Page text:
Four men were paraded in ropes and chains on Chinese state television today before being taken away and executed for the murder of 13 Chinese fishermen on the Mekong river two years ago.
The broadcast sparked outrage on China’s social networking sites, with many condemning the footage as an affront that rekindled memories of the execution rallies that used to held in China in Communist times. The broadcaster, CCTV, later announced the men’s execution on Twitter.
One of the men, Naw Kham, was a powerful Burmese drug lord known as “The Godfather” who operated in the Golden Triangle of Thailand, Laos and Burma. The others executed by lethal injection were Hsang Kham from Thailand, Yi Lai, who was stateless, and Zha Xika from Laos, the Xinhua news agency reported.
The men were put to death in Kunming, Yunnan province, and CCTV News showed live footage of the men being taken to the execution site, although it stopped short of showing the actual executions. This is the first time in many years that such footage has been shown on Chinese TV.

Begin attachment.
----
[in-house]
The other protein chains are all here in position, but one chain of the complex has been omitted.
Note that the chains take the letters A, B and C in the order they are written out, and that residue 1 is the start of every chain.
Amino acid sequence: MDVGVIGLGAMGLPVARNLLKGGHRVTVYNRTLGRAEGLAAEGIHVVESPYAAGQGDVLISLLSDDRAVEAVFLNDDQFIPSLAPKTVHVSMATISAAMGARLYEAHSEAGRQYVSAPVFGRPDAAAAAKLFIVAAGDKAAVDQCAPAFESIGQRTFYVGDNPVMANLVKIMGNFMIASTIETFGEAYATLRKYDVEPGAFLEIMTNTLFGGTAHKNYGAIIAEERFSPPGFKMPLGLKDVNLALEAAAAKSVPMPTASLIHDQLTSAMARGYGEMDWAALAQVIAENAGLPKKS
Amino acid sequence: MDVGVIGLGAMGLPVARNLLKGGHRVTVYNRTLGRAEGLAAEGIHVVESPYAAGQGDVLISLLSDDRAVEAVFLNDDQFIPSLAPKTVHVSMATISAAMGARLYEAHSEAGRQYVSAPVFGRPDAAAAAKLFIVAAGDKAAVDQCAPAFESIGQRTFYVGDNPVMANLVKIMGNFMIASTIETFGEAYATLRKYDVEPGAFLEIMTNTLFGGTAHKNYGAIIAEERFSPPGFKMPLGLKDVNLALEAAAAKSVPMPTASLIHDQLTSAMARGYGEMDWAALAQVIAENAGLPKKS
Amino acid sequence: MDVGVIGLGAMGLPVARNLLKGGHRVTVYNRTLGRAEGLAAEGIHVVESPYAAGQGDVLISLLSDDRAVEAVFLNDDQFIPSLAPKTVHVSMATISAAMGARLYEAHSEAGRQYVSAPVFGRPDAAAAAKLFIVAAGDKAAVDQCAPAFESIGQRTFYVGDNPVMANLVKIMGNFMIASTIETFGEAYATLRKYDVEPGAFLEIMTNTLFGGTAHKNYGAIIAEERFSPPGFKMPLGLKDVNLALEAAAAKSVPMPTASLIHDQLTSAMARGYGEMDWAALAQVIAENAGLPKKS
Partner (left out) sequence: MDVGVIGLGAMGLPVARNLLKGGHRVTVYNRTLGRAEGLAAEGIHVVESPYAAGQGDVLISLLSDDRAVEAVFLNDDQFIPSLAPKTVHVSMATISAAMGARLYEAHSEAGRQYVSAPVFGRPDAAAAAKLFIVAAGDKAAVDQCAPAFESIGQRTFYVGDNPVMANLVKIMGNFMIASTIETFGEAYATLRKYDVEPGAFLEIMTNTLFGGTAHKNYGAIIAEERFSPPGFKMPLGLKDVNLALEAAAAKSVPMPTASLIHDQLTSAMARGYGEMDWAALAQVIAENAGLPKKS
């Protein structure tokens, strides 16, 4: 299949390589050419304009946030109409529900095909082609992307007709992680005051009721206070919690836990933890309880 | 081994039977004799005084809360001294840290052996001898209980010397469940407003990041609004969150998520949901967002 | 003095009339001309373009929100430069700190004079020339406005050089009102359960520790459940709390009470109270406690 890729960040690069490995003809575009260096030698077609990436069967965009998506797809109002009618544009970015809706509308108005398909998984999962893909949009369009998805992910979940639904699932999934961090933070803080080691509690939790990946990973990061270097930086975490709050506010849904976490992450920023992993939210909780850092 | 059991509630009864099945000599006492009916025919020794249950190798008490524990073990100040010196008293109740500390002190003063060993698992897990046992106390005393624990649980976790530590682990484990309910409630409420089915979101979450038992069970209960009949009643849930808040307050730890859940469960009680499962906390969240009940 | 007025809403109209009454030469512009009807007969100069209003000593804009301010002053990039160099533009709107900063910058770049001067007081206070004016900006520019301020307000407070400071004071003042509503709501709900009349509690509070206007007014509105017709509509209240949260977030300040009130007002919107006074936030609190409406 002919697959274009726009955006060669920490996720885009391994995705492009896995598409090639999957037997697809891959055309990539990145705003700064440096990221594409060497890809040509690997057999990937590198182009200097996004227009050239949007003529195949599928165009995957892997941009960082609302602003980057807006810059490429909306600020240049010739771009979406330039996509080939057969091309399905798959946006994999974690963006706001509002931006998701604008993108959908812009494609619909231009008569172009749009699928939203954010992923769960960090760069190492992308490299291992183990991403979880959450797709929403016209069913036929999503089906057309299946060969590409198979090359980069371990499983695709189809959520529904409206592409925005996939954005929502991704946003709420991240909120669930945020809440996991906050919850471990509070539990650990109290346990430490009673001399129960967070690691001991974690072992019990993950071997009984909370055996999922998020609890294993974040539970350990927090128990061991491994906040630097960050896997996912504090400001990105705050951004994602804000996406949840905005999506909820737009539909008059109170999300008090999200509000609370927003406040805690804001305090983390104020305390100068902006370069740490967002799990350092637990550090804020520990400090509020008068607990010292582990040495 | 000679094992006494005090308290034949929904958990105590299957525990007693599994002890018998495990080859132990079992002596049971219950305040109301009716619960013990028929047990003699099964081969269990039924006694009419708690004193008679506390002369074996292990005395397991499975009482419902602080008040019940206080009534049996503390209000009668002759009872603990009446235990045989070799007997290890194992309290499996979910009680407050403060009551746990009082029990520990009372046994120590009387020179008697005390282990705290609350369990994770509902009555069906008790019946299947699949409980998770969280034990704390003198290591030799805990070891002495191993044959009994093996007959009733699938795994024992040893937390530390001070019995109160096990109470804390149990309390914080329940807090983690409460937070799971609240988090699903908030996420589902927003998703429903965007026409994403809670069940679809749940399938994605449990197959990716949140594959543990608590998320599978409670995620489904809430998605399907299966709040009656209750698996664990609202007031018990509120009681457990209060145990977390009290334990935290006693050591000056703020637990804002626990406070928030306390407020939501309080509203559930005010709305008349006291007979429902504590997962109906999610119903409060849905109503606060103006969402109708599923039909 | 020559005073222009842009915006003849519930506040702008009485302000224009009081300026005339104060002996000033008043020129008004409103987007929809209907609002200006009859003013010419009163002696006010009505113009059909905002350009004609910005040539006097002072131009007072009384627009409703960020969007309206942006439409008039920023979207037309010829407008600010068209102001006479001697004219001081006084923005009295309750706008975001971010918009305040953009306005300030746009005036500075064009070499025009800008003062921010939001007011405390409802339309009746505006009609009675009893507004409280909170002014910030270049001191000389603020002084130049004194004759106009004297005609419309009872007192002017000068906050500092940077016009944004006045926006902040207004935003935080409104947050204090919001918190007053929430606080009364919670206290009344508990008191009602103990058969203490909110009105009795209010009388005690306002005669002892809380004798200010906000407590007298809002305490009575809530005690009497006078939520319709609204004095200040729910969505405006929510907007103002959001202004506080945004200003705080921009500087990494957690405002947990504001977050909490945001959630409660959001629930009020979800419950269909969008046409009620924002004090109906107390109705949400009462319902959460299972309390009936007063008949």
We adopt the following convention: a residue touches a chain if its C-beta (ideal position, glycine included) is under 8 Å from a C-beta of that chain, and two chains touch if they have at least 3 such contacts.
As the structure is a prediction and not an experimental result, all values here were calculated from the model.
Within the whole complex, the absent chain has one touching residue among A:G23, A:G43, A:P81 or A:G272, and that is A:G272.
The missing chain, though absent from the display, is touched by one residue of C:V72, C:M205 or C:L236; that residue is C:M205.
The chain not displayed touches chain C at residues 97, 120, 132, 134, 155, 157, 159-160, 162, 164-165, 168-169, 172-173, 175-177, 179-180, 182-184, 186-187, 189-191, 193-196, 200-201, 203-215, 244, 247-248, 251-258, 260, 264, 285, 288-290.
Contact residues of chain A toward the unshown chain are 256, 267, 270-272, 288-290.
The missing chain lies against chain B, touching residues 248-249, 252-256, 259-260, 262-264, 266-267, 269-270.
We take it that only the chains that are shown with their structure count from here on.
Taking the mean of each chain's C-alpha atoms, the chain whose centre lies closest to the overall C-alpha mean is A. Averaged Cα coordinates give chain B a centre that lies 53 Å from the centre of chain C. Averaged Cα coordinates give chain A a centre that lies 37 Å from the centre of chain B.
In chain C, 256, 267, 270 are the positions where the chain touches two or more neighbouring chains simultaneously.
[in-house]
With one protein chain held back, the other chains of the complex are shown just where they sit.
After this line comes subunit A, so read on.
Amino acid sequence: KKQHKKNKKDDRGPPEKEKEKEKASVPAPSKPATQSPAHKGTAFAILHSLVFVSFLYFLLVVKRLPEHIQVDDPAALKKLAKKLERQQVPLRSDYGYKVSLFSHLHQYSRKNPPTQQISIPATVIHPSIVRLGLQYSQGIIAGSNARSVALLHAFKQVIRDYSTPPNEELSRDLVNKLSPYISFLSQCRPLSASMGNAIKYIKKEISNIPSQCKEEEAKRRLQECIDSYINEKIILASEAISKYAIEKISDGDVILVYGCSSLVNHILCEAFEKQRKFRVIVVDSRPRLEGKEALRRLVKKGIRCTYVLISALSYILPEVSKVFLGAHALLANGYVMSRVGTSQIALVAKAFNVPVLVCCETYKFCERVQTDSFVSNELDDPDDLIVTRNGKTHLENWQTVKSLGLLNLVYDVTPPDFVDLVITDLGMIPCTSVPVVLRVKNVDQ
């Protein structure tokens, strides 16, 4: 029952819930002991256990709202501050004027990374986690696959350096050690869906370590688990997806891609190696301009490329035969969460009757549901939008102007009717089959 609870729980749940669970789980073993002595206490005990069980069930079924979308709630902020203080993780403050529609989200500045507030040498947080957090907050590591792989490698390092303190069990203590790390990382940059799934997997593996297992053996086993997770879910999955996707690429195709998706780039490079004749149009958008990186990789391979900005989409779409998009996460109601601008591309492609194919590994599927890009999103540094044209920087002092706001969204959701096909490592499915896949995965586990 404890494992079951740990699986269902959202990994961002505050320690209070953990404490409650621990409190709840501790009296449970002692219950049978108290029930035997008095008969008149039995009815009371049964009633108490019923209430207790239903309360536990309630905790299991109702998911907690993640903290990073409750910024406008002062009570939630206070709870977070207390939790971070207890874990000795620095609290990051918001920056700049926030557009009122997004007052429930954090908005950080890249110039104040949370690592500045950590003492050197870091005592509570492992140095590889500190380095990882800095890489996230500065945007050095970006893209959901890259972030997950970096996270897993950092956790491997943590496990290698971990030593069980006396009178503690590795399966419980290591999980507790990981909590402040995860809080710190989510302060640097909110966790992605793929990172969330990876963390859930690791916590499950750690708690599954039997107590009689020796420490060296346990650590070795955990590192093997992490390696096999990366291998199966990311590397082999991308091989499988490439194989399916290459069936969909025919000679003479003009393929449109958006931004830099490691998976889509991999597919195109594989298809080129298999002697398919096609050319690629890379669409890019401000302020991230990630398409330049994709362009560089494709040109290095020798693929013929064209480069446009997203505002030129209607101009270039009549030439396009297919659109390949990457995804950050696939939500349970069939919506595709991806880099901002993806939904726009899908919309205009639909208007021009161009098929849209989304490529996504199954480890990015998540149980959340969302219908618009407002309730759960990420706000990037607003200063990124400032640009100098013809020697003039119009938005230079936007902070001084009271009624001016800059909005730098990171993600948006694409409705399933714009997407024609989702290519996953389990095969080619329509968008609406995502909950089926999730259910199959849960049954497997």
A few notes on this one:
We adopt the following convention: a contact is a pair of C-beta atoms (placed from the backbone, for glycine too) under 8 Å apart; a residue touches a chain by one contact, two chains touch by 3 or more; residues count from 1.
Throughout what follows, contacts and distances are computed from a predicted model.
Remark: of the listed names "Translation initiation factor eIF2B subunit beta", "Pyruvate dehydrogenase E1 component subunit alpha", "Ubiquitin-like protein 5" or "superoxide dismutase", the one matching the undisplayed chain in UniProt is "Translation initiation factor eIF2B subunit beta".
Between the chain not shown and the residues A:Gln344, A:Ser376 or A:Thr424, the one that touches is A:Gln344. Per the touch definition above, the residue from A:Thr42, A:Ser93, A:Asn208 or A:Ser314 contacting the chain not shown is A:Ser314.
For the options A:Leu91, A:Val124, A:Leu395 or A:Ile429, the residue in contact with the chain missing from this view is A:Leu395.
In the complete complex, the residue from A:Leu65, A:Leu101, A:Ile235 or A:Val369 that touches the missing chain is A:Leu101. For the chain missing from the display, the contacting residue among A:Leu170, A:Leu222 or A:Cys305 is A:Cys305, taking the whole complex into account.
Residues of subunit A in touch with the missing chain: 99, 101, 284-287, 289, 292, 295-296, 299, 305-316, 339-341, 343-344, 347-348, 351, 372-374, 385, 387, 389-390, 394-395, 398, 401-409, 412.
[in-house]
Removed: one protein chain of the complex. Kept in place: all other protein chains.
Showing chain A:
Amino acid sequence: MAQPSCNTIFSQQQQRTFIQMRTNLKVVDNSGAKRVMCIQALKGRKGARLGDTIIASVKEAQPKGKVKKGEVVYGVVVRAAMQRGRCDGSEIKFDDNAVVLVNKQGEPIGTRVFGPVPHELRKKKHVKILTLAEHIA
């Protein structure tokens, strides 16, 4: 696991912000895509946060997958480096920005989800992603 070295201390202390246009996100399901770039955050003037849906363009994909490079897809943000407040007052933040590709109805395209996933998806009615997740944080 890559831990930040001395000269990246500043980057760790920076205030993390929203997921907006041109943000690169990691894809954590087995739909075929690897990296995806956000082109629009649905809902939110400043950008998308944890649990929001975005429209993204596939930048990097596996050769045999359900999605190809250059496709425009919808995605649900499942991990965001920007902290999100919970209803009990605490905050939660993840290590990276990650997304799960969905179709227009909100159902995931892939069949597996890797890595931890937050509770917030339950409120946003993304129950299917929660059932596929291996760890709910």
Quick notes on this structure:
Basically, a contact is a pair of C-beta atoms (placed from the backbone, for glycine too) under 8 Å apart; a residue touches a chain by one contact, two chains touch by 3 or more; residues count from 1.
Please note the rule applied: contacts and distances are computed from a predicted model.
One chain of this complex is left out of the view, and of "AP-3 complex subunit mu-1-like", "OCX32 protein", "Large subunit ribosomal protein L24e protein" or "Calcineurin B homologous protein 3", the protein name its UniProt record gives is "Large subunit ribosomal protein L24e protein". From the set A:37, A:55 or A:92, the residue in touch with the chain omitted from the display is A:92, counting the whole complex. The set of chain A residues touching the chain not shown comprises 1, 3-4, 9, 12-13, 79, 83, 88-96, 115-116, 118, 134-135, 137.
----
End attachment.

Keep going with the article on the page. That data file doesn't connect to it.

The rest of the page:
“I couldn’t sleep properly over the last two days. I miss my mother. It is really painful that I can’t be with my children,” Mr Kham told CCTV. “My mum didn’t know when I was arrested, and I am worrying that she won’t be able to take it when she finds out.”
Mr Kham and his gang planned and colluded with Thai soldiers in an attack on two Chinese flat-bottomed cargo ships, the Hua Ping and Yu Xing 8, in October 2011 on the upper reaches of the Mekong. Thirteen Chinese sailors died in the attack.
The murder was one of the deadliest assaults on Chinese nationals overseas in modern times and Beijing sent gunboat patrols to the region.
The Mekong provides a vital trade and transportation route between south-western China and South-east Asia, for both legitimate and illegal goods. That stretch of the river is home to many gangs who oversee the production and distribution of heroin and methamphetamine.
Beijing had considered using a drone strike to kill Mr Kham, but instead he was captured in Laos and brought to China in May to stand trial. “Given the current situation, since the downfall of Naw Kham’s gang, the security of Mekong waters has been fine,” Wu Ruzhen, liaison officer to Burma from China’s Ministry of Public Security, told Xinhua.
The ships were later recovered downriver by Thai police following a dramatic shootout with gangsters. Some of the 13 victims had been tied up before being shot or stabbed. The gang members later told the court that the men had been killed because the ship’s owners had refused to pay protection money, and the vessels were used by Thai and Laotian soldiers to attack local drug bases.
Another two members of the gang, identified as Zha Bo and Zha Tuobo, received a death sentence with reprieve and eight years in prison, respectively.